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Communication boards in critical care: patients’ views (summary)

Communication boards
for
patients

Background

Communication difficulties have been reported as a very significant problem for patients on mechanical ventilation in hospital, leading to increased levels of stress and anxiety related to difficulty in getting needs met or having communication attempts misunderstood. Some of the methods used by healthcare workers to overcome these problems have been found to be tiring and emotionally draining. The use of communication boards has been suggested as a possible solution to this but there has been little research into what content would be most beneficial on the boards.

This study aimed to look at patients' perceptions of: their levels of frustration when trying to communicate when ventilated, their level of frustration if a communication board had been used and appropriate form and content for a communication board to be used in this situation.

What did the authors do?

29 patients who had been ventilated for a minimum of 18 hours were interviewed using a series of questions related to the research aims. The interviews were analysed into themes.

What did they find?

Over 60% of the patients reported high levels of frustration due to their inability to communicate effectively when being ventilated. A large majority believed that having a communication board would have reduced their level of frustration and been helpful.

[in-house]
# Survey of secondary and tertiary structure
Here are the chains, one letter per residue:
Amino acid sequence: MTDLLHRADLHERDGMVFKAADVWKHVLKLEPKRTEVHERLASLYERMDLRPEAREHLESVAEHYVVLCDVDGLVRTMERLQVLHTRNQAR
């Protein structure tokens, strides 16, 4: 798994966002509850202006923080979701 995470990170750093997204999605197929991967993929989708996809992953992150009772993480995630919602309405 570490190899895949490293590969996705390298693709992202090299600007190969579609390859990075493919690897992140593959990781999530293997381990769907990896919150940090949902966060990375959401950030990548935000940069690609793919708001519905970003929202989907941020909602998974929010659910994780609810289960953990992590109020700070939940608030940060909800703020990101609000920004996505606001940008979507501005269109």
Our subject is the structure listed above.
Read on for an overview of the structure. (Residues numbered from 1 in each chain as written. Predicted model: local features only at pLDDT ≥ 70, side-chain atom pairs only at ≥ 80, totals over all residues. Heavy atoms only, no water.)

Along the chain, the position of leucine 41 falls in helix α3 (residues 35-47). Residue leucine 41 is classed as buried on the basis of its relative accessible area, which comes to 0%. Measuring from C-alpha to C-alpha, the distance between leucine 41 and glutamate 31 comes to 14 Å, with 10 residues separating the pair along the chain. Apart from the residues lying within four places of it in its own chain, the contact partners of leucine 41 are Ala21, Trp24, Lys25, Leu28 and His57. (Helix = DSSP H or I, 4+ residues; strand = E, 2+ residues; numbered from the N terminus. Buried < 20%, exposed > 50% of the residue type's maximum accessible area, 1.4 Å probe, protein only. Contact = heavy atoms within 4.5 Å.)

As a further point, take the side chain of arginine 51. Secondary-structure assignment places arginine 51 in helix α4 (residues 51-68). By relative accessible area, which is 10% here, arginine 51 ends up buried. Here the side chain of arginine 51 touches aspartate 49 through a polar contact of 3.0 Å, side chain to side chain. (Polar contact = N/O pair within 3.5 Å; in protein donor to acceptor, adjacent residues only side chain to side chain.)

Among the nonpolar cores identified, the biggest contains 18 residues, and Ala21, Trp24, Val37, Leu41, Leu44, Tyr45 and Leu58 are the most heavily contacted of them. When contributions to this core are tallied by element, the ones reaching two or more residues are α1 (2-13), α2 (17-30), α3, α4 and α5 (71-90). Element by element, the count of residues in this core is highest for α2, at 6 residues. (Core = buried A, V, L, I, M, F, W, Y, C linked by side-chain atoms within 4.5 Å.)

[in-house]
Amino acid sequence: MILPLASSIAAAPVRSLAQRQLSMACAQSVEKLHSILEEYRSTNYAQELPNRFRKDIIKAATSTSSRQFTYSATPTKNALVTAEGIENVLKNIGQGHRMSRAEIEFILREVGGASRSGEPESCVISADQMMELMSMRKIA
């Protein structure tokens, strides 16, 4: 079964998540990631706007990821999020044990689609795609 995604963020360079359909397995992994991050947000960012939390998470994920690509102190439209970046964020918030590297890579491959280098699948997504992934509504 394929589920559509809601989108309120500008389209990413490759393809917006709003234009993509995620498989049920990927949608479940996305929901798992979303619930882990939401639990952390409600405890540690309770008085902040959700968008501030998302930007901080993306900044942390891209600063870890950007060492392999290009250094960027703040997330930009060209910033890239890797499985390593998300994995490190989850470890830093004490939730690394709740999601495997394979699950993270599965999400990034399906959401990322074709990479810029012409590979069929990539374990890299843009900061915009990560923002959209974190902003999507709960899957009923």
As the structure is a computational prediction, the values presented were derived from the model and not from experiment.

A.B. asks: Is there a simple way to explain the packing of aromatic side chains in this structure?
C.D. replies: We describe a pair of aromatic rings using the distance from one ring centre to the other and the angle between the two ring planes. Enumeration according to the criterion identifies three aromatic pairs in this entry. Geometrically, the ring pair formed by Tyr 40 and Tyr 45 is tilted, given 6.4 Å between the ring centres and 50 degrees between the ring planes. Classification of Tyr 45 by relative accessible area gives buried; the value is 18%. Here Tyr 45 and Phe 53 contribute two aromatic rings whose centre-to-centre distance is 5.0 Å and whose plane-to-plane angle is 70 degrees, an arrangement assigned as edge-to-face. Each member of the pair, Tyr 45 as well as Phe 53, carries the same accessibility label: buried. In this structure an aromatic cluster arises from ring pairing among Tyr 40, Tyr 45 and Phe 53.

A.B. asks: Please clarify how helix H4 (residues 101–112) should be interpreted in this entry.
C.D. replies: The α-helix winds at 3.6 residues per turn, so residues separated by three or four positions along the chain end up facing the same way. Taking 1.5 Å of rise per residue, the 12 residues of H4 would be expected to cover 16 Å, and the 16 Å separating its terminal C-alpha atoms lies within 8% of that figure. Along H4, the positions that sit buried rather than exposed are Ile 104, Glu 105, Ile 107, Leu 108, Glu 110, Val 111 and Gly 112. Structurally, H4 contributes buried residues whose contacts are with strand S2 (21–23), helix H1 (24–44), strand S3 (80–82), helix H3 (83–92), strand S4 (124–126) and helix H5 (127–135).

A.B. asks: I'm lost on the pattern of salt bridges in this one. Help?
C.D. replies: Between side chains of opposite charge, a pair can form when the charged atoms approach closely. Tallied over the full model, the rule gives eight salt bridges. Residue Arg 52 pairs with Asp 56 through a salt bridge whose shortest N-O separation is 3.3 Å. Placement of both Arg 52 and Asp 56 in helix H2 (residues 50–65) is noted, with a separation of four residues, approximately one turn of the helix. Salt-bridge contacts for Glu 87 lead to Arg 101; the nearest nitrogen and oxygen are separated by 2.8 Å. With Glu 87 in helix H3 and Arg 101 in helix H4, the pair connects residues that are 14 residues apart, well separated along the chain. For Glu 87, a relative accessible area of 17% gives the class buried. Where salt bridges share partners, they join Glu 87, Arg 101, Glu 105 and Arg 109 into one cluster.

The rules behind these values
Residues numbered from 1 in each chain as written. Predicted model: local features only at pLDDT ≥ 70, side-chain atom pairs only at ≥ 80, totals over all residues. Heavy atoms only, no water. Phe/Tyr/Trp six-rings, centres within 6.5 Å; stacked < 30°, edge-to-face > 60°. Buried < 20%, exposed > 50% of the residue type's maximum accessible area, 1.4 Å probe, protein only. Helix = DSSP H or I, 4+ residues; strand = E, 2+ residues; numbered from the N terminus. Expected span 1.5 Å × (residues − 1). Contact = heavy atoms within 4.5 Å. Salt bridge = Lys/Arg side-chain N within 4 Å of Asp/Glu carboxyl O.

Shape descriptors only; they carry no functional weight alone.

The patients were also asked to look at a pre-prepared communication board and to consider how it would have worked, or not, for them. They had both positive and negative comments and suggestions to improve, or change, the board.

It was particularly felt that seeing the board prior to their surgery, in order to be familiar with it before it was needed, would have been beneficial.

Cautions:

Further research is needed to evaluate the use of pre-printed communication boards and other AAC supports with patients in critical care. It would be beneficial to look at the experiences of families and nurses in using communication boards.

Conclusions:

The use of communication boards might be effective in supporting communication and decreasing frustration for patients on ventilators, increasing the efficiency and speed of communication, enabling needs to be met and helping staff to recognise patients individuality.


Things you may want to look into:

SPEACS-2: Intensive Care Unit 'Communication Rounds' with Speech Language Pathology

Nurses' perceptions of communication training in the ICU

A systematic review of the effectiveness of nurse communication with patients with complex communication needs with a focus on the use of augmentative and alternative communication

Use of augmentative and alternative communication strategies by family members in the intensive care unit

Added to site October 2014


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